Whispering gallery mode (WGM) resonators are used to make tiny micro-lasers, sensors, switches, routers and other devices. These tiny structures rely on a...

Im Focus: Ultrafast snapshots of relaxing electrons in solids

Using ultrafast flashes of laser and x-ray radiation, scientists at the Max Planck Institute of Quantum Optics (Garching, Germany) took snapshots of the briefest electron motion inside a solid material to date. The electron motion lasted only 750 billionths of the billionth of a second before it fainted, setting a new record of human capability to capture ultrafast processes inside solids!

When x-rays shine onto solid materials or large molecules, an electron is pushed away from its original place near the nucleus of the atom, leaving a hole...

Im Focus: Quantum Sensors Decipher Magnetic Ordering in a New Semiconducting Material

For the first time, physicists have successfully imaged spiral magnetic ordering in a multiferroic material. These materials are considered highly promising candidates for future data storage media. The researchers were able to prove their findings using unique quantum sensors that were developed at Basel University and that can analyze electromagnetic fields on the nanometer scale. The results – obtained by scientists from the University of Basel’s Department of Physics, the Swiss Nanoscience Institute, the University of Montpellier and several laboratories from University Paris-Saclay – were recently published in the journal Nature.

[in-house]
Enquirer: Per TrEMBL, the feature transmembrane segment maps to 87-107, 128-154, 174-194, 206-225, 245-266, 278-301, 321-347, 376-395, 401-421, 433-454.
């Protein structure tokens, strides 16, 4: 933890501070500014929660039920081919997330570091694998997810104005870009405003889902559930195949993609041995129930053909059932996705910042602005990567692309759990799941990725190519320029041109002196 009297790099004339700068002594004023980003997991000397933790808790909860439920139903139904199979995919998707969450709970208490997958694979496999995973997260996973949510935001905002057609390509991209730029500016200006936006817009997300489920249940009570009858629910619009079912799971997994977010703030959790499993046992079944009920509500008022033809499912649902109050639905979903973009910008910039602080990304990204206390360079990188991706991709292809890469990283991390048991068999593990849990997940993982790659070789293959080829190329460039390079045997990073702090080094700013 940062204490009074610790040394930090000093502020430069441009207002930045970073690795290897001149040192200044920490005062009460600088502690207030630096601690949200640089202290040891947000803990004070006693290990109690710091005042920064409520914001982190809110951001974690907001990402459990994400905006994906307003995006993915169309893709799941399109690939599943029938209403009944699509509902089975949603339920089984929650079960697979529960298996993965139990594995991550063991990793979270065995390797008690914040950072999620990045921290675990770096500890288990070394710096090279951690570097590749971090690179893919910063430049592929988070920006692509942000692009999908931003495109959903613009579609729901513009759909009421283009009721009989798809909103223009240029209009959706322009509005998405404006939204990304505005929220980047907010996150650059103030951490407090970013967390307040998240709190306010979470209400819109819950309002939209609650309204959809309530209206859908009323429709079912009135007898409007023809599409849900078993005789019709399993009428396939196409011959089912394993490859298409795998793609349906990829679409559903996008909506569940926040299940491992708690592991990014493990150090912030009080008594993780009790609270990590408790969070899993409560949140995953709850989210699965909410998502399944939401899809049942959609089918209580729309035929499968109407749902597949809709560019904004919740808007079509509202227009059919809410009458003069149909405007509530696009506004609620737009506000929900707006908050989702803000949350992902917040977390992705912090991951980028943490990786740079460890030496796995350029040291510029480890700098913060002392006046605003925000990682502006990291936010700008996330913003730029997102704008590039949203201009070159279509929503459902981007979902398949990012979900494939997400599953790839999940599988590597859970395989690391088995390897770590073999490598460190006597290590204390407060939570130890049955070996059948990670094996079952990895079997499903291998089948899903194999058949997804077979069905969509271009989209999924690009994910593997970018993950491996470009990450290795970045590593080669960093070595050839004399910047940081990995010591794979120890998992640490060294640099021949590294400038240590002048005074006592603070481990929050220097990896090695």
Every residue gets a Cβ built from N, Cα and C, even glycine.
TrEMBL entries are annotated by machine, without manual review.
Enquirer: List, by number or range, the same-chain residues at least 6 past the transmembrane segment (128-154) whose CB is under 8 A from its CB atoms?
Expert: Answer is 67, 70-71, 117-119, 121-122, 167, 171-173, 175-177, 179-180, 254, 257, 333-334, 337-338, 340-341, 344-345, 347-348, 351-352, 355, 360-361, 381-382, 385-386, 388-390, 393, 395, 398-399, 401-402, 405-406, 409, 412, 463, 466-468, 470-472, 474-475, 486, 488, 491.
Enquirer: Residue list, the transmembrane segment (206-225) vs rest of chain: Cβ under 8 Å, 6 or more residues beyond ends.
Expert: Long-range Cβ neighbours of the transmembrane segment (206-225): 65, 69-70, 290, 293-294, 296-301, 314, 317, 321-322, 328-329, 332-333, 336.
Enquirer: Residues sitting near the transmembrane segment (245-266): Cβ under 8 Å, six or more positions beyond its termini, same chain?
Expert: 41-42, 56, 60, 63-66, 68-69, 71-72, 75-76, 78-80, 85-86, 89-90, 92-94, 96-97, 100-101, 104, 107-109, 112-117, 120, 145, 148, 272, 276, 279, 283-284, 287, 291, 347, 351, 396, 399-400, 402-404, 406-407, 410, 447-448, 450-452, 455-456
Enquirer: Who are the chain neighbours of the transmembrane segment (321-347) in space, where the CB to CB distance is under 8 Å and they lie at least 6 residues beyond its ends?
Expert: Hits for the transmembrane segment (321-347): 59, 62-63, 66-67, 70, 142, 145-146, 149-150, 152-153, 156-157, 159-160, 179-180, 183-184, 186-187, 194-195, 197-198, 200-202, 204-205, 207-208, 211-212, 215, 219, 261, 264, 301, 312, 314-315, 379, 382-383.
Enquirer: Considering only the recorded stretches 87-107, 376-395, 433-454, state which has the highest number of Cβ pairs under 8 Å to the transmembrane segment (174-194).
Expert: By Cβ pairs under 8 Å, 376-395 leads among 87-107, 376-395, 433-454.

Multiferroics are materials that simultaneously react to electric and magnetic fields. These two properties are rarely found together, and their combined...

Im Focus: Fast, convenient & standardized: New lab innovation for automated tissue engineering & drug

MBM ScienceBridge GmbH successfully negotiated a license agreement between University Medical Center Göttingen (UMG) and the biotech company Tissue Systems Holding GmbH about commercial use of a multi-well tissue plate for automated and reliable tissue engineering & drug testing.

MBM ScienceBridge GmbH successfully negotiated a license agreement between University Medical Center Göttingen (UMG) and the biotech company Tissue Systems...

Im Focus: Silencing bacteria

HZI researchers pave the way for new agents that render hospital pathogens mute

Pathogenic bacteria are becoming resistant to common antibiotics to an ever increasing degree. One of the most difficult germs is Pseudomonas aeruginosa, a...

All Focus news of the innovation-report >>>

Anzeige

Anzeige

Event News

“Lasers in Composites Symposium” in Aachen – from Science to Application

19.09.2017 | Event News

I-ESA 2018 – Call for Papers

12.09.2017 | Event News

EMBO at Basel Life, a new conference on current and emerging life science research

06.09.2017 | Event News

 
Latest News

Molecular Force Sensors

20.09.2017 | Life Sciences

Producing electricity during flight

20.09.2017 | Power and Electrical Engineering

Tiny lasers from a gallery of whispers

20.09.2017 | Physics and Astronomy

VideoLinks
B2B-VideoLinks
More VideoLinks >>>